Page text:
And that is, potentially, damaging in a way that it probably wouldn’t be to a politician like Boris Johnson. Boris has never tried to downplay his fundamental hooray Henry-ness, so stories of him Bullingdon-clubbing it up fit with and reinforce a public image with which he’s comfortable. Cameron runs the risk of looking like a man who’s not really at ease in his own skin. And that’s never been a problem in the past because he’s been in competition with opposition leaders who made personal discomfort into a national spectator sport. Gordon Brown trying to do a relaxed smile or Ed Miliband shouting ‘Hell, yeah’ were moments of inept image management that turned the six o’clock news into something to be cringe-watched from behind a cushion. All Cameron has ever had to do before was look more at ease than that. But, during the Labour leadership election Jeremy Corbyn certainly looked entirely comfortable with who he is – whether the Labour party publicity machine allows him to retain that or media trains him into oblivion is yet to be seen, but looking inauthentic is, potentially, Cameron’s Achilles’ heel, and it’s not one he’s been punished for so far.

In which there are still three whole months until the general election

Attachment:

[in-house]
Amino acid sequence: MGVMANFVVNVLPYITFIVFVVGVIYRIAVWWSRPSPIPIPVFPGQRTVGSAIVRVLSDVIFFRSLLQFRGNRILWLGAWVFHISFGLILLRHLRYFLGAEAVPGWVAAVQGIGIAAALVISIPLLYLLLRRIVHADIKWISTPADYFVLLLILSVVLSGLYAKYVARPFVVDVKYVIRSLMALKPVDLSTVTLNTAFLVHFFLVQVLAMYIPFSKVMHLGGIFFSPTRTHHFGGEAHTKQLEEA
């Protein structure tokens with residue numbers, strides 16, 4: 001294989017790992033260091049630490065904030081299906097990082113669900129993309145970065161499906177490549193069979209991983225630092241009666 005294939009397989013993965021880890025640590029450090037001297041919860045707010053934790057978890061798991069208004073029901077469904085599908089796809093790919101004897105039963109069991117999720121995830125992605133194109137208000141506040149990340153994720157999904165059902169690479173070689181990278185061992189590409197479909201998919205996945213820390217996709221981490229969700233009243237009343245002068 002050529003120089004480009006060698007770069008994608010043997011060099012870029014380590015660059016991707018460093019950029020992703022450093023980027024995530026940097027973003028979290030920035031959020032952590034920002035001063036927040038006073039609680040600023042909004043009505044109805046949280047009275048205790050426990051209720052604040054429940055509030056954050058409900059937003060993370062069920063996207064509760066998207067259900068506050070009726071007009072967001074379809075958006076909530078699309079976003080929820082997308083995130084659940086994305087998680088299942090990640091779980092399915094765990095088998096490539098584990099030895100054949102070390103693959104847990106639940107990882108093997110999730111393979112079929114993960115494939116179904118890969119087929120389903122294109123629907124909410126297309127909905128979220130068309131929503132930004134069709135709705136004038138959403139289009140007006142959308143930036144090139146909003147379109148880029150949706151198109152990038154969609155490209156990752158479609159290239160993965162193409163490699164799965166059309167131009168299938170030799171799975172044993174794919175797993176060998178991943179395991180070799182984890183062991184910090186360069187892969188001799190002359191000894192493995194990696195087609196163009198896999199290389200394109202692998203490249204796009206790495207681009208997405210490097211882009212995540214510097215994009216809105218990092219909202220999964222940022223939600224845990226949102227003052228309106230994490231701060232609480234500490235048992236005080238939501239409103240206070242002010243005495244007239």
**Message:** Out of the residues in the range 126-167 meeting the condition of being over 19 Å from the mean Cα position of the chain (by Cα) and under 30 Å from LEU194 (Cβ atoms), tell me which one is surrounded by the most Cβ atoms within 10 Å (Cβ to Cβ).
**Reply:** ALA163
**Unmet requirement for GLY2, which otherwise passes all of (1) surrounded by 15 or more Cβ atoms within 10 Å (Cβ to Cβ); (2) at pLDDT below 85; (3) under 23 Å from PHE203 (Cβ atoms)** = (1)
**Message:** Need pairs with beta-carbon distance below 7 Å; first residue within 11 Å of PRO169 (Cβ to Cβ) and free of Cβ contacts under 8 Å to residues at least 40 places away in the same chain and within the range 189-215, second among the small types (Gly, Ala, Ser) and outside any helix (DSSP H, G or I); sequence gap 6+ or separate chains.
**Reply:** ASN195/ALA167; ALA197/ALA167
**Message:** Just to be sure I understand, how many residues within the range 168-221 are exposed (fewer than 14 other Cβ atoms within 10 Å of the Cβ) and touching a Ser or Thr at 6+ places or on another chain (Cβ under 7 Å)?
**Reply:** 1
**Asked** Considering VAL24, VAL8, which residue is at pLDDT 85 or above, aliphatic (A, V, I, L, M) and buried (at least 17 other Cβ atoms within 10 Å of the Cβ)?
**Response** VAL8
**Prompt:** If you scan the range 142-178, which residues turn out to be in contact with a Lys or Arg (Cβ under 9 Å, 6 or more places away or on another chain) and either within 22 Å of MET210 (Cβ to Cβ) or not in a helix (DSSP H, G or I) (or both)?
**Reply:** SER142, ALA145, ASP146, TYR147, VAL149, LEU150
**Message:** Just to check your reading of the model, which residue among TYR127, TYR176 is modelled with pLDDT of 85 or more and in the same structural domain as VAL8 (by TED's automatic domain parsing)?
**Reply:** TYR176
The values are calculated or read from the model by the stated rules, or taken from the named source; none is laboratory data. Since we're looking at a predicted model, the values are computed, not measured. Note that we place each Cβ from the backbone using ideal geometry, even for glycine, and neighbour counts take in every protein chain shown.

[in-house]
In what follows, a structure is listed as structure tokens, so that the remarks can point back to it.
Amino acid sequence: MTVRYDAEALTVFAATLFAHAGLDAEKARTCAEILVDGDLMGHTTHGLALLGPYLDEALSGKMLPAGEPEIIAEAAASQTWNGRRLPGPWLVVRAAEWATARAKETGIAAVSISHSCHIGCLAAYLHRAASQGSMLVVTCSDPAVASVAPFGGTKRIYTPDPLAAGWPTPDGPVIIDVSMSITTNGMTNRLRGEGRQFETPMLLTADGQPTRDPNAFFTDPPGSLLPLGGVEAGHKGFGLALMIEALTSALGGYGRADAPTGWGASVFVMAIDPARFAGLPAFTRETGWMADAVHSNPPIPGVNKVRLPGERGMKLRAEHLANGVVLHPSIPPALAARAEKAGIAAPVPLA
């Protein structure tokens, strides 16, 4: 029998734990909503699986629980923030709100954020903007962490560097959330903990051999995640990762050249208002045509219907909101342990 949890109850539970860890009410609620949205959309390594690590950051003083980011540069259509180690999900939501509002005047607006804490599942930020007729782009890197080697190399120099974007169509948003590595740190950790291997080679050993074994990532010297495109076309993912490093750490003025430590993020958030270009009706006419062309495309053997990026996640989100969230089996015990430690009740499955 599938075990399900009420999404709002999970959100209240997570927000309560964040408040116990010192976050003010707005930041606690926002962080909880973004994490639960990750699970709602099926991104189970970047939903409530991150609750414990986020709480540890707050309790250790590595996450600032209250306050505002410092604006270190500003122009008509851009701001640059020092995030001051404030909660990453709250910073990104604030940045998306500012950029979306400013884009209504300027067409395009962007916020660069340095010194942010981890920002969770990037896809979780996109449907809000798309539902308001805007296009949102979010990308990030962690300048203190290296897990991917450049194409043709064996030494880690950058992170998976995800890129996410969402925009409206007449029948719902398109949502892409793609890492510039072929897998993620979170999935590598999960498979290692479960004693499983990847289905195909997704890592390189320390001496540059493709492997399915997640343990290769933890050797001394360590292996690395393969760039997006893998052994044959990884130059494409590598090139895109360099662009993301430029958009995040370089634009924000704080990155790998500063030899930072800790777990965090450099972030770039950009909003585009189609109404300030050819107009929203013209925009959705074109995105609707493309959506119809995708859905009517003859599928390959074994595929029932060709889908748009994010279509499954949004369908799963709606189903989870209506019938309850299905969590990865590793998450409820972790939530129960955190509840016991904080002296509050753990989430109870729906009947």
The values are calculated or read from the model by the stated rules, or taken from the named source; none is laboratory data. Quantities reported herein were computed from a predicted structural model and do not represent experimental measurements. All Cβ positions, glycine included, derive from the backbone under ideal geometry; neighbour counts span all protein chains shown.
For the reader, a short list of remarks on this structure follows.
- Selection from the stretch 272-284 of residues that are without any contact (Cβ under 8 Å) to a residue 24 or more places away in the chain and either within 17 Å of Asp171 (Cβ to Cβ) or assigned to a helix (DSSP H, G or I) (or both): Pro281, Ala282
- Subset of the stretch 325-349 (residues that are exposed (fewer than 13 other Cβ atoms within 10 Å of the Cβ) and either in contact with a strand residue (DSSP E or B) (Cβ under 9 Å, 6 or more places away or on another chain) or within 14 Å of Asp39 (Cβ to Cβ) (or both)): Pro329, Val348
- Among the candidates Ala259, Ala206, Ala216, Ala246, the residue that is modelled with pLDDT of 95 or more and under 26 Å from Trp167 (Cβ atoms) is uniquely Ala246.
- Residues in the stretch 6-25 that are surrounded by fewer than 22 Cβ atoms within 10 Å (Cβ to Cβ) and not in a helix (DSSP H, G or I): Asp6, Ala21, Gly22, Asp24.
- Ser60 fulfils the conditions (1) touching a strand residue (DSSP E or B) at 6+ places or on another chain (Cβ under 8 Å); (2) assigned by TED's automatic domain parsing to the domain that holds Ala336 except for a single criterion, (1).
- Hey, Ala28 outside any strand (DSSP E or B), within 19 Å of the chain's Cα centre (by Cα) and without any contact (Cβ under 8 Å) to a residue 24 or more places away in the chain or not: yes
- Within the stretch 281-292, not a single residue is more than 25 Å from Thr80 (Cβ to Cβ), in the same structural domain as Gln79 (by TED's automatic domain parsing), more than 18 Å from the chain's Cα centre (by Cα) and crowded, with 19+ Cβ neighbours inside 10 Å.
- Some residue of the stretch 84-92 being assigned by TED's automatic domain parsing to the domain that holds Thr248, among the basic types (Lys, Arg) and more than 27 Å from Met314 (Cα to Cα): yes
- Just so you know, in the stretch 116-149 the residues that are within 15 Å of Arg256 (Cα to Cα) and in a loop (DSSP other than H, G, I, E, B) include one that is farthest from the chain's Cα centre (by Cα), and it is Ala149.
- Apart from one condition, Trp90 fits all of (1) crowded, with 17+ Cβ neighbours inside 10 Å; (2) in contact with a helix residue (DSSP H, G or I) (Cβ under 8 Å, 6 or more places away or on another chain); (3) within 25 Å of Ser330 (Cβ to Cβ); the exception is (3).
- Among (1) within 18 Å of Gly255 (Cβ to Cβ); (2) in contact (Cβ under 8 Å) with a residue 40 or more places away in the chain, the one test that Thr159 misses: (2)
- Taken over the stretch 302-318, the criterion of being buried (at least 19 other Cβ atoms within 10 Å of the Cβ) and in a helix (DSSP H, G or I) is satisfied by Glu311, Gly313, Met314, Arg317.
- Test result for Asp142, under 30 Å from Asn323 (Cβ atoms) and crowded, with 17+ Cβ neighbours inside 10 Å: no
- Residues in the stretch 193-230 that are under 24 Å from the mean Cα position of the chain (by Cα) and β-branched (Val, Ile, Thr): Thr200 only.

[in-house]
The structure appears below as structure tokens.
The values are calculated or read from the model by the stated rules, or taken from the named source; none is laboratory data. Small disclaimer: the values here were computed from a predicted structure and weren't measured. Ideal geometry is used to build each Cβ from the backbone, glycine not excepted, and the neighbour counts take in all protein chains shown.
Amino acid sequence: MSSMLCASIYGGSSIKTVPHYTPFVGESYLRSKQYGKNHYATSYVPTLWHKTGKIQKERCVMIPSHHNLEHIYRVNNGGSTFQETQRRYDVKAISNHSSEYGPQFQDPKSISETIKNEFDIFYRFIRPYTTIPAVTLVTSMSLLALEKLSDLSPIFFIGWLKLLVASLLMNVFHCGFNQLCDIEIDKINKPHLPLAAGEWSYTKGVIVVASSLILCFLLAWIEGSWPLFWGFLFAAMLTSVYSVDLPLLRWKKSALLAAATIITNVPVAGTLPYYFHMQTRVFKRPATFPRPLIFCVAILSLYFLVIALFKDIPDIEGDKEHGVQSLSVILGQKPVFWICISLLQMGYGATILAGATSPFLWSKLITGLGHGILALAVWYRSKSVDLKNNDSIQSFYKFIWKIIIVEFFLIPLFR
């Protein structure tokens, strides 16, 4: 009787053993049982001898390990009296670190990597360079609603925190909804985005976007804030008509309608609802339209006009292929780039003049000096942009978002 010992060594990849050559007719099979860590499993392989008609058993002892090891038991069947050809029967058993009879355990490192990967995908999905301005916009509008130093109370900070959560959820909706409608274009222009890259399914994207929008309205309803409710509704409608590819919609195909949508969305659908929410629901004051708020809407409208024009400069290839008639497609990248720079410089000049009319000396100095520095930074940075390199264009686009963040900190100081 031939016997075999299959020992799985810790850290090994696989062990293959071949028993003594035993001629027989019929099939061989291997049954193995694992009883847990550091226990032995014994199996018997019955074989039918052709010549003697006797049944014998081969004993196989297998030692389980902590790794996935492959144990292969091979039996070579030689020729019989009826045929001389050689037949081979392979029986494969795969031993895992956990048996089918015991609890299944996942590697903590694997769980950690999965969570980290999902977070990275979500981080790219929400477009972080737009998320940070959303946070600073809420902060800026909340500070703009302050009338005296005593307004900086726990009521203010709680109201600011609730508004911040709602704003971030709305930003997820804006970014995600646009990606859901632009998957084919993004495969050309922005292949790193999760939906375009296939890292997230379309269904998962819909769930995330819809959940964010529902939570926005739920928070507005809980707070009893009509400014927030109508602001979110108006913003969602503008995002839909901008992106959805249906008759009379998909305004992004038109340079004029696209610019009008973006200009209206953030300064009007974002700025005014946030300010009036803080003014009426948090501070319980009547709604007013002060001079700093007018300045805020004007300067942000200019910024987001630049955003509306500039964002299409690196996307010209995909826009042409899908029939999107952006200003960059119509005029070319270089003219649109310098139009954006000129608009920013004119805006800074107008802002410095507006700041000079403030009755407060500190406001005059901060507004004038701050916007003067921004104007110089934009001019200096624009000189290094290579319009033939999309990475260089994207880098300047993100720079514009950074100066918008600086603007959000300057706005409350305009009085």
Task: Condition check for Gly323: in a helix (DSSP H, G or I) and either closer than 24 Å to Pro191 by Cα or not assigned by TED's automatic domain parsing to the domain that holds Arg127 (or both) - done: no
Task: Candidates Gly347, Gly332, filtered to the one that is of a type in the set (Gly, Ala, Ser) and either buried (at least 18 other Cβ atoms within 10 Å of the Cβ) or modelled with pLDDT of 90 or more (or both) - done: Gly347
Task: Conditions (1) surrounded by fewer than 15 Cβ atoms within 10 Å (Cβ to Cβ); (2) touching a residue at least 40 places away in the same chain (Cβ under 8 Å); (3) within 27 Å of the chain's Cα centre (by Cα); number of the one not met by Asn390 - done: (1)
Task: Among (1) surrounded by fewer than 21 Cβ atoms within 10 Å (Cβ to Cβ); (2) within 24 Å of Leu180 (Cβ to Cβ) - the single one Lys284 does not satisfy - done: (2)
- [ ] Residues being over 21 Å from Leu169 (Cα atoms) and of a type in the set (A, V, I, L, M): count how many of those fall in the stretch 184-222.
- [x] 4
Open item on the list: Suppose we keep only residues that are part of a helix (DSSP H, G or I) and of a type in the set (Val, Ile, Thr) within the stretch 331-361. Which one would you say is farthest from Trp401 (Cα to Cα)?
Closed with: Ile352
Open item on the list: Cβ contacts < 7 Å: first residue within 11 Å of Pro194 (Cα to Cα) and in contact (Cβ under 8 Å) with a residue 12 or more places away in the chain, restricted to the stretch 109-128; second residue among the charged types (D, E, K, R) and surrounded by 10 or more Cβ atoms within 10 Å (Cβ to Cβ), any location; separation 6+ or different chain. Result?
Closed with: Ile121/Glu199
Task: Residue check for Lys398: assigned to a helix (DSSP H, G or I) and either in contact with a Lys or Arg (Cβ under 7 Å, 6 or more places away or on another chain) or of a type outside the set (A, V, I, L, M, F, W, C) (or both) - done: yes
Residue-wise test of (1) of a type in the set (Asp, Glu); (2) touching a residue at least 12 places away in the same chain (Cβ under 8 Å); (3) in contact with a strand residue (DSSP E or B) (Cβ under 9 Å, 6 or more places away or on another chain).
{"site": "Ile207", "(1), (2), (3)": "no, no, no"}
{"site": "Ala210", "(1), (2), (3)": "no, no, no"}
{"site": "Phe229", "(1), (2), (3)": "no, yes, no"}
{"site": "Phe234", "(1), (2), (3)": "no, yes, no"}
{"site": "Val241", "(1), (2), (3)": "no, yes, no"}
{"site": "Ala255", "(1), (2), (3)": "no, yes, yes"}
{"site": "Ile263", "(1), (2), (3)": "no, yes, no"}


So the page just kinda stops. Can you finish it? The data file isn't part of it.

I generally consider myself to be a person who is quite interested in politics. I can usually generate a blog post about an issue of the day if pressured to do so. I have opinions on all sorts of things: page 3 – no; fox hunting – definitely not; same sex marriage – sure, if you want to. But I’m finding that three whole months away from the General Election I already have election fatigue.

I’m feeling, already, as though the bulk of the political news that I read or hear is washing over me like white noise, and, I think, the reason for that is simple – the news, as it is reported, is nebulous. There are precious few actual facts in there to get hold of. Take this story from the BBC as an example. The headline, technically speaking, offers factual information – David Cameron has been challenged about his claim that a new Tory government wouldn’t cut per pupil education funding, but the fact is simply that some people have said some things, and some other people have said other things.

The story itself jumps between announcements about per pupil education funding and announcements about numbers of schools becoming academies – yes those are both to do with education policy, but they are quite distinct issues.  That’s not my problem though. My problem is that essentially the entire article is made of up X said, ‘…’ but Y said, ‘…’.

To be fair, there’s a handy video clip from the Prime Minister’s speech at the top of the article so you can see for yourself a little bit of what he actually announced. That’s good, but watching the clip just makes the article itself look worse. For example, take this paragraph: ‘Mr Cameron, speaking at Kingsmead school in north London, said that every secondary school in this “requires improvement” category would be expected to become an academy.’ Well maybe he did say that at another point in the speech, but in the clip attached to the article he talks about schools that can’t ‘demonstrate the capacity to improve themselves’ – that might not be the same as ‘every school’ at all, or it might just be waffle to obscure the ‘every school’ element. There’s no way of knowing from this article.